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FLORENCE     Florence –  the capital of the Tuscany region and the cradle of Renaissance   We opted for Flix Bus while traveling from Venice to Florence. The road journey takes about three and a half-hour. In Florence, it terminates at the rear end of Santa Maria Novella (SMN) train station. One of Italy’s busiest stations, it got its name from Santa Maria Novella Church just across the plaza from the main entrance. We debarked at the station and refreshed ourselves at McDonald's before hiring a cab for our hotel. Florence, popularly known as ‘Firenze’ by the Italians, is located in central Italy. This dreamy city with a romantic name is the regional capital of the lovely Tuscany region.   Columbus Hotel, where we stayed, is located in Lugarno District. We always prefer to book our hotels through as we always land up getting good hotels at good locations. Despite being a little away from the heart of the city and Santa Maria Novella station

A Caledonian Experience--- 2

Scottish Highlands, Castles & Whisky As our guide drove towards the city of Stirling, he told us about Scottish Highlands-Lowlands divide and their history . We approached Stirling Castle through the wynds of the old town. The attractive 14 th  century castle atop an intrusive crag appeared to be sheltering and dominating the old town with ancient  buildings and cobbled streets. It was windy and drizzling. Inside there were the wonderfully preserved Great Hall and Great Kitchen of the Royal Palace built by King James V. Mary, Queen of Scots, is among the many Kings and Queens of Scotland who have been crowned as well as lived there. Even the legendary hero of the folklore King Arthur’s name is linked. Although a 5 th  century character, King Arthur’s Round Table was discovered on the castle ground by archaeologists. Despite the naturally strong and defensive position of the castle, history recorded eight sieges. Only Romans bypassed Stirling. Instead, they built a f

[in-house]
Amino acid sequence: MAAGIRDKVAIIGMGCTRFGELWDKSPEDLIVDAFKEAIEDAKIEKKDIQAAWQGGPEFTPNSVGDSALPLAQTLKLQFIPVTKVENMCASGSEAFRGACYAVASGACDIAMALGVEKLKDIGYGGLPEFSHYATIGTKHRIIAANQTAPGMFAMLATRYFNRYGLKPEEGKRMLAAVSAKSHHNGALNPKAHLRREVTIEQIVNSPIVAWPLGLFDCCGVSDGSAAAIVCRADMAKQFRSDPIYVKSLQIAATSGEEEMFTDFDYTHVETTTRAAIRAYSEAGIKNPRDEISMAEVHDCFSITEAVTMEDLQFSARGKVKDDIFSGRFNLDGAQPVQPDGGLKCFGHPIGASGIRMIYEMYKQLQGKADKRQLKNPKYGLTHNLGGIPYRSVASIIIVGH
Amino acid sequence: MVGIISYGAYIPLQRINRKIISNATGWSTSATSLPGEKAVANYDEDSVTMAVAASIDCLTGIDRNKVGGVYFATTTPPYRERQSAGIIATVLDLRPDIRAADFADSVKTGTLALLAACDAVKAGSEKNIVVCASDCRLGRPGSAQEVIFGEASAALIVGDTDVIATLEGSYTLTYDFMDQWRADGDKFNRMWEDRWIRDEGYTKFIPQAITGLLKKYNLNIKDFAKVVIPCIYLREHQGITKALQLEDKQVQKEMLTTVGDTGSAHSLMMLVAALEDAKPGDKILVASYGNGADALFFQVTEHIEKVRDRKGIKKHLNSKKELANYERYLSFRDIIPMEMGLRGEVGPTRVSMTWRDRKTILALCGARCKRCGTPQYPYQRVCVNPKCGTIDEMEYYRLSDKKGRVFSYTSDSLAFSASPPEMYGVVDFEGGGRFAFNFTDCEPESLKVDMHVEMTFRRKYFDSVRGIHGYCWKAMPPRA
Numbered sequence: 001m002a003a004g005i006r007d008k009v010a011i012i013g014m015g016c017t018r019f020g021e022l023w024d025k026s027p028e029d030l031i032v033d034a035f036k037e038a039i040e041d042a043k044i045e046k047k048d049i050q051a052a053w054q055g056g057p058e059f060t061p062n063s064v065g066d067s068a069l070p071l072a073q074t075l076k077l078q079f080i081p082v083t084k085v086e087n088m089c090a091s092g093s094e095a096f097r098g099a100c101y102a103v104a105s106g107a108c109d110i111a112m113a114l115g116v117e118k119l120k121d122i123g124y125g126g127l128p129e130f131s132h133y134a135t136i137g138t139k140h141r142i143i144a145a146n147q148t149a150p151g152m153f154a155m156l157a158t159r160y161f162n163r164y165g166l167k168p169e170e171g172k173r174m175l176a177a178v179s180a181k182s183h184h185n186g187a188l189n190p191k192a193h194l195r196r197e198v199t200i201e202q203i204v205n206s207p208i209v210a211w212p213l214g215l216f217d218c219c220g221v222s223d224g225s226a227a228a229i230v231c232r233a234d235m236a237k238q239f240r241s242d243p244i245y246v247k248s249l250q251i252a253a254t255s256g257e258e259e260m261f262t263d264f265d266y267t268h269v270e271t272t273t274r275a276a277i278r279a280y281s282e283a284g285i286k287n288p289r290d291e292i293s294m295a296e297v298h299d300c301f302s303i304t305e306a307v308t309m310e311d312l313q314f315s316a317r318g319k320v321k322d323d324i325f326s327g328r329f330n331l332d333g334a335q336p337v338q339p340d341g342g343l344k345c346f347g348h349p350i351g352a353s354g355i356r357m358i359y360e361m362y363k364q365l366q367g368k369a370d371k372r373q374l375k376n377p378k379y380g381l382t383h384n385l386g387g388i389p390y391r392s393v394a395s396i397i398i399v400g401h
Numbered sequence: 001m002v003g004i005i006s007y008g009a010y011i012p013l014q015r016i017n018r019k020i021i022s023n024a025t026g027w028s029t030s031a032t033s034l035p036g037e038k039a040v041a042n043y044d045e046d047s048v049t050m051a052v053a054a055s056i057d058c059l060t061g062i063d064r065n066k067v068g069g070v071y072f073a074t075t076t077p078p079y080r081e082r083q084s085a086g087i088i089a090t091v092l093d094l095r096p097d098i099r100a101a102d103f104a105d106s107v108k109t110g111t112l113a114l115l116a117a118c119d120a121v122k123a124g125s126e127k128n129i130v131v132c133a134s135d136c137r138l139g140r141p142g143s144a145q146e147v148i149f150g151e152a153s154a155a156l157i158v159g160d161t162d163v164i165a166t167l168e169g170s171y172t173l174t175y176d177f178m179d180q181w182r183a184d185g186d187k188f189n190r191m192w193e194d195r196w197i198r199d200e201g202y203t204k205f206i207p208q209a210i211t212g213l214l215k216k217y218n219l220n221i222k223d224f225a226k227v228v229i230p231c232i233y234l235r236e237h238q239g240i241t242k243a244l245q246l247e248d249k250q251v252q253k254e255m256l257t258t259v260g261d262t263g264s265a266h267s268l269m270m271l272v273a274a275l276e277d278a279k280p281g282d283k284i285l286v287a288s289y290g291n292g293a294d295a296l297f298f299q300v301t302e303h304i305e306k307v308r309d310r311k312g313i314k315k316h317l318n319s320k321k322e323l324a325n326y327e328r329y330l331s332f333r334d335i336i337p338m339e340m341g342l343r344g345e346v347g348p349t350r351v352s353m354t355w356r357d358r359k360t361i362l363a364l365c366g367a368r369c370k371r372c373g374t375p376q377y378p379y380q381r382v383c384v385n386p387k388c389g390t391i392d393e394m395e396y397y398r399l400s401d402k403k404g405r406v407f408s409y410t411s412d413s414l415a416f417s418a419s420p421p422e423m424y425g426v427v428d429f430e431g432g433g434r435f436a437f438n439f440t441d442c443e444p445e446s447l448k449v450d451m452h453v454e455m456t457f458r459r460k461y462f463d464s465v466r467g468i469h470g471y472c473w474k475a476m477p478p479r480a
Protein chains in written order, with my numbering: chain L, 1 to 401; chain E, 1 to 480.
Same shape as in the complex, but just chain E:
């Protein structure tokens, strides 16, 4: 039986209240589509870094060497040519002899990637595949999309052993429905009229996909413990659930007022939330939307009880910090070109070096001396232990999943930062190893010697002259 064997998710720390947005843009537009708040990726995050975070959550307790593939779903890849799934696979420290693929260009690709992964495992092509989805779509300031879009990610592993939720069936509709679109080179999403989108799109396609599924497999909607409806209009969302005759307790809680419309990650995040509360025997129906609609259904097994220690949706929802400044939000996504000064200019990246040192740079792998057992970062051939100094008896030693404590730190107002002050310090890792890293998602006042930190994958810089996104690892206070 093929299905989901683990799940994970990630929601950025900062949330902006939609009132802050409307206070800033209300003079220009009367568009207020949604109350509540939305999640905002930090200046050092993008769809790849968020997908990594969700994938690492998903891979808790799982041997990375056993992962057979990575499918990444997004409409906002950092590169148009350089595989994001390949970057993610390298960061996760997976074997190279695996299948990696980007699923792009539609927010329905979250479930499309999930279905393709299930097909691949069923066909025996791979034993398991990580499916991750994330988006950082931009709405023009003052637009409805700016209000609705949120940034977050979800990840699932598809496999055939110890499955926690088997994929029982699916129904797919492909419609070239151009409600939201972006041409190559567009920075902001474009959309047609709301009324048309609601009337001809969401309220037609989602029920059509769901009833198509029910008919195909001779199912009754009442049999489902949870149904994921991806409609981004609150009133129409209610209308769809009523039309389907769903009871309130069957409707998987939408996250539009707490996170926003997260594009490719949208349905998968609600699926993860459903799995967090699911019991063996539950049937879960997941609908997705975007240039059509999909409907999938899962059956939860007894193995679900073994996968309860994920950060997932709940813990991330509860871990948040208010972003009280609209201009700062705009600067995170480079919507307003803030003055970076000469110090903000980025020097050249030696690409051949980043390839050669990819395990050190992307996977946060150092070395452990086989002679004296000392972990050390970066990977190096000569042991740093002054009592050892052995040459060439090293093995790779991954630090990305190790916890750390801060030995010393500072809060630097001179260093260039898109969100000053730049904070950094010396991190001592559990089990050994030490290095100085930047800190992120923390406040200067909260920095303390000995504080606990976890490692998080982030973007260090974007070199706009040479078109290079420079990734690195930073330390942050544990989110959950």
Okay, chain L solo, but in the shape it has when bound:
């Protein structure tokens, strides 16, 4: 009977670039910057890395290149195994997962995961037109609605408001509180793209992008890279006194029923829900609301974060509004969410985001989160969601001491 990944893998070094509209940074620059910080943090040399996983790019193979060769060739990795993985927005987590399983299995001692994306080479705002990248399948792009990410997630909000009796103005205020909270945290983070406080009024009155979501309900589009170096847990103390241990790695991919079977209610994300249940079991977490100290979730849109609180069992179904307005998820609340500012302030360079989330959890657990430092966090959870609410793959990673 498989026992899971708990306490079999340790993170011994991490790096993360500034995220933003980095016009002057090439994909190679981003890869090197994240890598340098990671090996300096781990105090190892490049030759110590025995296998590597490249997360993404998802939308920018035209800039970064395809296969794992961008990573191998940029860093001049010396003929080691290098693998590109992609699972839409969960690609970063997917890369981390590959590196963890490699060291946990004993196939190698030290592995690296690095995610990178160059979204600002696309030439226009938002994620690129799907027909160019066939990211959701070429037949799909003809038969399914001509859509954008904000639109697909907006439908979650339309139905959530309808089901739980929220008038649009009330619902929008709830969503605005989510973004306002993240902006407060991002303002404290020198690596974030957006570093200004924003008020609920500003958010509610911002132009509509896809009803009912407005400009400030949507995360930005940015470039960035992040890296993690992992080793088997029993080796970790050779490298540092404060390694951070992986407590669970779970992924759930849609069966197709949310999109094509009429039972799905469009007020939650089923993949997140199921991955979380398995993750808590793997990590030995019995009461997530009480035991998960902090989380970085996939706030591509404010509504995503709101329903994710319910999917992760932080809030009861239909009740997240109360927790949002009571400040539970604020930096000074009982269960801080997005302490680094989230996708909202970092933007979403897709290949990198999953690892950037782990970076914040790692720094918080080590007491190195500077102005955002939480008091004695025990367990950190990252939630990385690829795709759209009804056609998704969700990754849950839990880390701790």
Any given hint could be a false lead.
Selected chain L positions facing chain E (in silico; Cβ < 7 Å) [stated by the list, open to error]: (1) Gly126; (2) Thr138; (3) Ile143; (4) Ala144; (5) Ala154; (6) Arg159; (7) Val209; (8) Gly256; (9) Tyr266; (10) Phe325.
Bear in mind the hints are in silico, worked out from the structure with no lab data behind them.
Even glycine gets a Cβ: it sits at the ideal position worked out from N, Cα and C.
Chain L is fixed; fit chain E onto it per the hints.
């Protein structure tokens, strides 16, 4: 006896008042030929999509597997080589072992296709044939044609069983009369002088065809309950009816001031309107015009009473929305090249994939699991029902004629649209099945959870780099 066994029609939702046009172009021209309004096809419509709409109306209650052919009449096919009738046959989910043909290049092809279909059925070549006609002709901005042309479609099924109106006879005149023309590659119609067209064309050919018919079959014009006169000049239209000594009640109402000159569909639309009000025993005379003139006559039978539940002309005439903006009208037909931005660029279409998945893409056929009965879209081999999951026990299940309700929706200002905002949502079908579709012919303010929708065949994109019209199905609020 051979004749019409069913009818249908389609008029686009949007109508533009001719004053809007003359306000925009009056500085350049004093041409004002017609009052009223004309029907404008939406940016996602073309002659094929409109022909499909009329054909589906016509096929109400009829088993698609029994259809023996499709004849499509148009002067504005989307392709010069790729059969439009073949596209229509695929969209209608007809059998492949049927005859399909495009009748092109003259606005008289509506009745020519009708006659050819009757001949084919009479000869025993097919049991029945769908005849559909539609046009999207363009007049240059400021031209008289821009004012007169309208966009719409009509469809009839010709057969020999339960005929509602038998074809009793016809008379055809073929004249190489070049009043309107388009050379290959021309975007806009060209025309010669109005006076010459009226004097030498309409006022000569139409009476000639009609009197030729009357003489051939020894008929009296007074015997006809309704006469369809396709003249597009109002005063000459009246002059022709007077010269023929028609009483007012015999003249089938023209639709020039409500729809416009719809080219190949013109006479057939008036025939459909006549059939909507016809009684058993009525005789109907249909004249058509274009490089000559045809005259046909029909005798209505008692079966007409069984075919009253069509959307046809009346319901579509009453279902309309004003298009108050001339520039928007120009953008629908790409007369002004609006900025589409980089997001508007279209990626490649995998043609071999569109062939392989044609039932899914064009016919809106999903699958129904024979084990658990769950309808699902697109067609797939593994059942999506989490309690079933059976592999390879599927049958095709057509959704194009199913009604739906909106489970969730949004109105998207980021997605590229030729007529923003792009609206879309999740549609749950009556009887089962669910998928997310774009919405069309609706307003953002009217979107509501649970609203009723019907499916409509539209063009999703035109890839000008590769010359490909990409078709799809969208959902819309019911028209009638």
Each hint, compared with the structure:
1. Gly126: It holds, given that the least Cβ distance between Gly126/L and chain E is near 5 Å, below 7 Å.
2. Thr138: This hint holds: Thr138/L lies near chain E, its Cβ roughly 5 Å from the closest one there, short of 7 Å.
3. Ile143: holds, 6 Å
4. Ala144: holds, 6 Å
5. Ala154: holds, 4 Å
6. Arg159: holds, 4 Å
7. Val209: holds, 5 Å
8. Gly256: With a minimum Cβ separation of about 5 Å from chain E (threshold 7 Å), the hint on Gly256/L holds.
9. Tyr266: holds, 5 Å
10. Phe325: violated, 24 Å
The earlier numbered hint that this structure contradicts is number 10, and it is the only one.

Human Centric Lighting - Prof Warren Julian's presentation

What is Human Centric Lighting? - An illuminating talk by Professor Warren Julian Human Centric Lighting Design is an old Concept, given that our circadian clock runs on a 24-hour cycle. But It was difficult to maintain the circadian entrainment effectively with traditional lights. With the advent of LED, having expanded color capabilities, and seamless control on color changes and dimming, a lot of research is underway to make our visual system respond more effectively to the light stimulus. Dynamic Tunable LED, varying lighting   has always been human-centric  Spectrum from 6500K to 2700K has increased the circadian effectiveness of the human system. Increasing daytime alertness and nighttime sleep can be addressed in the near future by acutely synchronizing the circadian system of human beings with proper doses of red and blue light. A brilliant presentation on Human Centric Lighting was made at the Hong Kong International Lighting Fair 2017 by Professor Warren Julian of Sy

A Caledonian Experience

Scotland - Part 1 King’s Cross Station, London. One of the oldest and busiest railway stations of Europe, located in central London. During the inaugural period(1851) Queen Victoria travelled to Scotland from this station. We took the morning high speed train from here on our journey to Caledonia. Caledonia is the Latin name given by the Romans in early first century AD for area north of their province Britannia. The train sped through the rolling English countryside. And from Newcastle upon Tyne the scene was more breathtaking, as the train ran almost along the North Sea, its beaches and cliffs.  Before coming to Scotland I personally carried an impression that Edinburgh is a quaint little Scottish town, and its rail station is small and compact, like any other wayside stations in England. But as we stepped down on the platform I was stupefied to find a vast complex teeming with people. The station is well connected to the North Bridge, which runs over the station and bridge